No evidence for innate differences in tadpole behavior between natural, urbanized, and invasive populations.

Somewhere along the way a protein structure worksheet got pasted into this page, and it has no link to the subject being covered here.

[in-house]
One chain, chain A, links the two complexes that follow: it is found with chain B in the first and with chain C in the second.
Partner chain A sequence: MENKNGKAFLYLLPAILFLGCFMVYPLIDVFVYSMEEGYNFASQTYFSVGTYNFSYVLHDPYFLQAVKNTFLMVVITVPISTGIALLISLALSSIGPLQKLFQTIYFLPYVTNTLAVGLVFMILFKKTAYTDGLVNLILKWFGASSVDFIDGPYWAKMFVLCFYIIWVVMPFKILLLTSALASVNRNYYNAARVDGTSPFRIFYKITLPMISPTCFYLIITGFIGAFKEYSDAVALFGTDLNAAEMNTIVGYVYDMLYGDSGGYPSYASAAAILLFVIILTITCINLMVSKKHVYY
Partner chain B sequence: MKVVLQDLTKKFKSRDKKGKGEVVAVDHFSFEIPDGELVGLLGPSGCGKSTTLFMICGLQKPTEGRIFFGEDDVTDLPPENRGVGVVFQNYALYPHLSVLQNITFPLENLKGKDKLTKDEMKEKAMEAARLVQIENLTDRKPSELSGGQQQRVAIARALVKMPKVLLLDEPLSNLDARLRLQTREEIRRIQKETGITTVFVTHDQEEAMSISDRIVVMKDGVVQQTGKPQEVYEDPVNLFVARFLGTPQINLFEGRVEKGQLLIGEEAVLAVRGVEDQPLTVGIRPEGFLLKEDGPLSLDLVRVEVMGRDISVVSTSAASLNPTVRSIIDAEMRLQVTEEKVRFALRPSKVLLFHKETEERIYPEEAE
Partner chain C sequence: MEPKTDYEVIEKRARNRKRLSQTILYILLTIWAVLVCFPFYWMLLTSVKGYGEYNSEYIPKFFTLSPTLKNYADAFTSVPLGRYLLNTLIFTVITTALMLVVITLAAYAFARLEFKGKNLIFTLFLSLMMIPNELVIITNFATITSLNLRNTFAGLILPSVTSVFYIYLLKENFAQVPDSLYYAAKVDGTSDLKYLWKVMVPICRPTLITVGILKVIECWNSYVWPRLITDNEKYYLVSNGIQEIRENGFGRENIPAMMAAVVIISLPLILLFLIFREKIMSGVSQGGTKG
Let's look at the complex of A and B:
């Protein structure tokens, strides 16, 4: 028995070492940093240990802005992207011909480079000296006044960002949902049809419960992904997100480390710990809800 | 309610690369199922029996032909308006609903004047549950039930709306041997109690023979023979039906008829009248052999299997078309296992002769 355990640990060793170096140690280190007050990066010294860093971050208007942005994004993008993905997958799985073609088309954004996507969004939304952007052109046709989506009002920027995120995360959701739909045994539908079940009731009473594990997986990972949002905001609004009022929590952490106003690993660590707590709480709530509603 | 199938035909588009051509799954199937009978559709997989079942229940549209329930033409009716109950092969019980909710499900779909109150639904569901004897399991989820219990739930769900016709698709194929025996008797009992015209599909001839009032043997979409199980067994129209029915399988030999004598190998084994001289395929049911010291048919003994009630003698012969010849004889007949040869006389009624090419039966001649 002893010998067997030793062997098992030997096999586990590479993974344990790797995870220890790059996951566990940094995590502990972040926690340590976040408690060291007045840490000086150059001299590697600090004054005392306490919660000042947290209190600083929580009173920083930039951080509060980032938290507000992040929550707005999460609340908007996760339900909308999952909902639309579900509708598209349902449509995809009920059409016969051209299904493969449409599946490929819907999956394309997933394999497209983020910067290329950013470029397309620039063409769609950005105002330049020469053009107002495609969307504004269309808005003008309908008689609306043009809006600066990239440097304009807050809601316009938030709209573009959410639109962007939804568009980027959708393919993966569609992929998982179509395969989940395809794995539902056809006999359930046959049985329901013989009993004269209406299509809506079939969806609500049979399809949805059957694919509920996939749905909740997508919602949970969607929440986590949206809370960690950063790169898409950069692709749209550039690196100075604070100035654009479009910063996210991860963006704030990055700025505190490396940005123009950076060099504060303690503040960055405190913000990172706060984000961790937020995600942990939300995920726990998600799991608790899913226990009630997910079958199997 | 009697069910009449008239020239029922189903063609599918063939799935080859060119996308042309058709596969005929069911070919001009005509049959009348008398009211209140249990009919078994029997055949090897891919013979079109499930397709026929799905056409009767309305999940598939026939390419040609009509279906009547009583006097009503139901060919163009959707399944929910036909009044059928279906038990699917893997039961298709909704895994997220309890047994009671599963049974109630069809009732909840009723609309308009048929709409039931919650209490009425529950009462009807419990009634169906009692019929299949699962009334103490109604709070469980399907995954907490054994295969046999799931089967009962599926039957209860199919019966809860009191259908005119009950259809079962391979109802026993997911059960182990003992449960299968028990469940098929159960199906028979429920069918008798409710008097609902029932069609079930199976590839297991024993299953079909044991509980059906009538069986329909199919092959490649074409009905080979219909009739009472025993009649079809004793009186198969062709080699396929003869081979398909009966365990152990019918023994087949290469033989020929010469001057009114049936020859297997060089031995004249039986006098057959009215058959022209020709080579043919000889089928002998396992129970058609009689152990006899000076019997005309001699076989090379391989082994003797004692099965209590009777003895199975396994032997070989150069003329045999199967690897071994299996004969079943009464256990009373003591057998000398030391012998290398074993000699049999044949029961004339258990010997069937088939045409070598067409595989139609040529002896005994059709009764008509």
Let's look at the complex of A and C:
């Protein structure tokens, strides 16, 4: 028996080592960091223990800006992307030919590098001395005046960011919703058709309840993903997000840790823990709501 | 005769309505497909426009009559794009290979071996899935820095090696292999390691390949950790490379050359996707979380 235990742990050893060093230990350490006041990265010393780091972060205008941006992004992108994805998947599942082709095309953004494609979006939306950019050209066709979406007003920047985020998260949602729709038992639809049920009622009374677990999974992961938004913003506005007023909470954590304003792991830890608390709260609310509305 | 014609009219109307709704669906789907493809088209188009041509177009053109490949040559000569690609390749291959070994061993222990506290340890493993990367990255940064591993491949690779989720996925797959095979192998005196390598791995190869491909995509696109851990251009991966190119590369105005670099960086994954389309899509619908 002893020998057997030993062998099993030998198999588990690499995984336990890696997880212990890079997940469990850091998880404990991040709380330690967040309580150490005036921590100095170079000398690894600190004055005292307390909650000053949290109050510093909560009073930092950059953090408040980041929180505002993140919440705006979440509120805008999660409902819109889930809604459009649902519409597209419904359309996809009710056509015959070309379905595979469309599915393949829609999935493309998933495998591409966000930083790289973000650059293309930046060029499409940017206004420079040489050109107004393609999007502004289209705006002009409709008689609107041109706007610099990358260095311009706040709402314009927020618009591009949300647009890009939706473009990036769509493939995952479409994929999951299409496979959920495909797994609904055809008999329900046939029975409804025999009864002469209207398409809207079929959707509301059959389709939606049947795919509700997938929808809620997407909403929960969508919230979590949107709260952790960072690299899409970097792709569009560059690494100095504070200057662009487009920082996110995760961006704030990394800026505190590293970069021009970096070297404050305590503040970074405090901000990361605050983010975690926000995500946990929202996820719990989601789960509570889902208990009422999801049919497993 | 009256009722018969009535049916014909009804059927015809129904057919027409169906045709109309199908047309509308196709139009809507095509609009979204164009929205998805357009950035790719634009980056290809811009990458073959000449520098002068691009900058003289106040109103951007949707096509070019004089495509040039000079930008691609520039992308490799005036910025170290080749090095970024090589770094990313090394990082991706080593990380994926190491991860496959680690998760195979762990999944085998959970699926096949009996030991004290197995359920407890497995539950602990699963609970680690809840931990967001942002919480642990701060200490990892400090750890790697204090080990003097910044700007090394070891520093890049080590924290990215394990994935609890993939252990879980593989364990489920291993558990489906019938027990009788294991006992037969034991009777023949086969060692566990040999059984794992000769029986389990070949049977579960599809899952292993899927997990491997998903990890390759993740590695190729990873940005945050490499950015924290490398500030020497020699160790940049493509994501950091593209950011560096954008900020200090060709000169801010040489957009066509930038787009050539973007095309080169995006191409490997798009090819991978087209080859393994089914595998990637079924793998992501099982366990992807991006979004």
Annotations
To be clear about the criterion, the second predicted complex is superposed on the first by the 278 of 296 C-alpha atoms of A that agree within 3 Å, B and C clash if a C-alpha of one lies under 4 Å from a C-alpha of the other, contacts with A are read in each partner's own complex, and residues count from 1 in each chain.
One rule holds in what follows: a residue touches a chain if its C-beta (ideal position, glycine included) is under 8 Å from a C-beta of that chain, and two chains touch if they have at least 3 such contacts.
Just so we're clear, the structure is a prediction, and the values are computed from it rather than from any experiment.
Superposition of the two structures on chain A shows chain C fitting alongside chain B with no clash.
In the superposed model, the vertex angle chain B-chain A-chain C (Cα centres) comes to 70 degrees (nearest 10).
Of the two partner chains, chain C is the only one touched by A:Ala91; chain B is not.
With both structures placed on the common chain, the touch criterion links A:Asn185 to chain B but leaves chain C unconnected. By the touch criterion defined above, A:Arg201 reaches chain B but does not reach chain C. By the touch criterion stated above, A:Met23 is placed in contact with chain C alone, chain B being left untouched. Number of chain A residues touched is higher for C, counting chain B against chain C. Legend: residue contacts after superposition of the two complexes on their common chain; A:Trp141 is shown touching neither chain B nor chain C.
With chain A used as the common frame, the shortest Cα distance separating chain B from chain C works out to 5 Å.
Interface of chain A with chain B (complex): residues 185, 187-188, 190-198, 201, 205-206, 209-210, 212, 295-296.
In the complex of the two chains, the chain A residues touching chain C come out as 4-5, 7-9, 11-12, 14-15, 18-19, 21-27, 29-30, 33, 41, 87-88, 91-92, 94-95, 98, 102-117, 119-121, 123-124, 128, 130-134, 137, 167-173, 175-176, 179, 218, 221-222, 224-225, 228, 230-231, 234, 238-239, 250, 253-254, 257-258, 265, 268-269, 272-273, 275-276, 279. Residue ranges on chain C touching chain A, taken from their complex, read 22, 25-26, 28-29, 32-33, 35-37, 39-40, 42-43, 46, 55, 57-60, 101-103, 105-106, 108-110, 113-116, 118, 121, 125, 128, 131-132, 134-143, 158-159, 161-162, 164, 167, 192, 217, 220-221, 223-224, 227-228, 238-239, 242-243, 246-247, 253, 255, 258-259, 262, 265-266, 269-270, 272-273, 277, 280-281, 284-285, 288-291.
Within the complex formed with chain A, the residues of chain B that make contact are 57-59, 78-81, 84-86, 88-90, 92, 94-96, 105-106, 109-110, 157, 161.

Animals are increasingly challenged to respond to novel or rapidly changing habitats due to urbanization and/or displacement outside their native range by humans. Behavioral differences, such as increased boldness (i.e., propensity for risk-taking), are often observed in animals persisting in novel environments; however, in many cases, it is unclear how these differences arise (e.g., through developmental plasticity or evolution) or when they arise (i.e., at what age or developmental stage). In the Guttural Toad (Sclerophrys gutturalis), adult urban toads from both native and invasive ranges are bolder than conspecifics in natural habitats. Here, we reared Guttural Toad tadpoles in a common garden experiment, and tested for innate differences in boldness across their development and between individuals whose parents and lineage came from rural-native, urban-native, and urban-invasive localities (i.e., origin populations). Tadpoles did not differ in their boldness or in how their boldness changed over ontogeny based on their origin populations. In general, tadpoles typically became less bold as they aged, irrespective of origin population. Our findings indicate that differences in boldness in free-living adult Guttural Toads are not innate in the tadpole stage and we discuss three possible mechanisms driving phenotypic divergence in adult boldness for the focus of future research: habitat-dependent developmental effects on tadpole behavior, decoupled evolution between the tadpole and adult stage, and/or behavioral flexibility, learning, or acclimatization during the adult stage.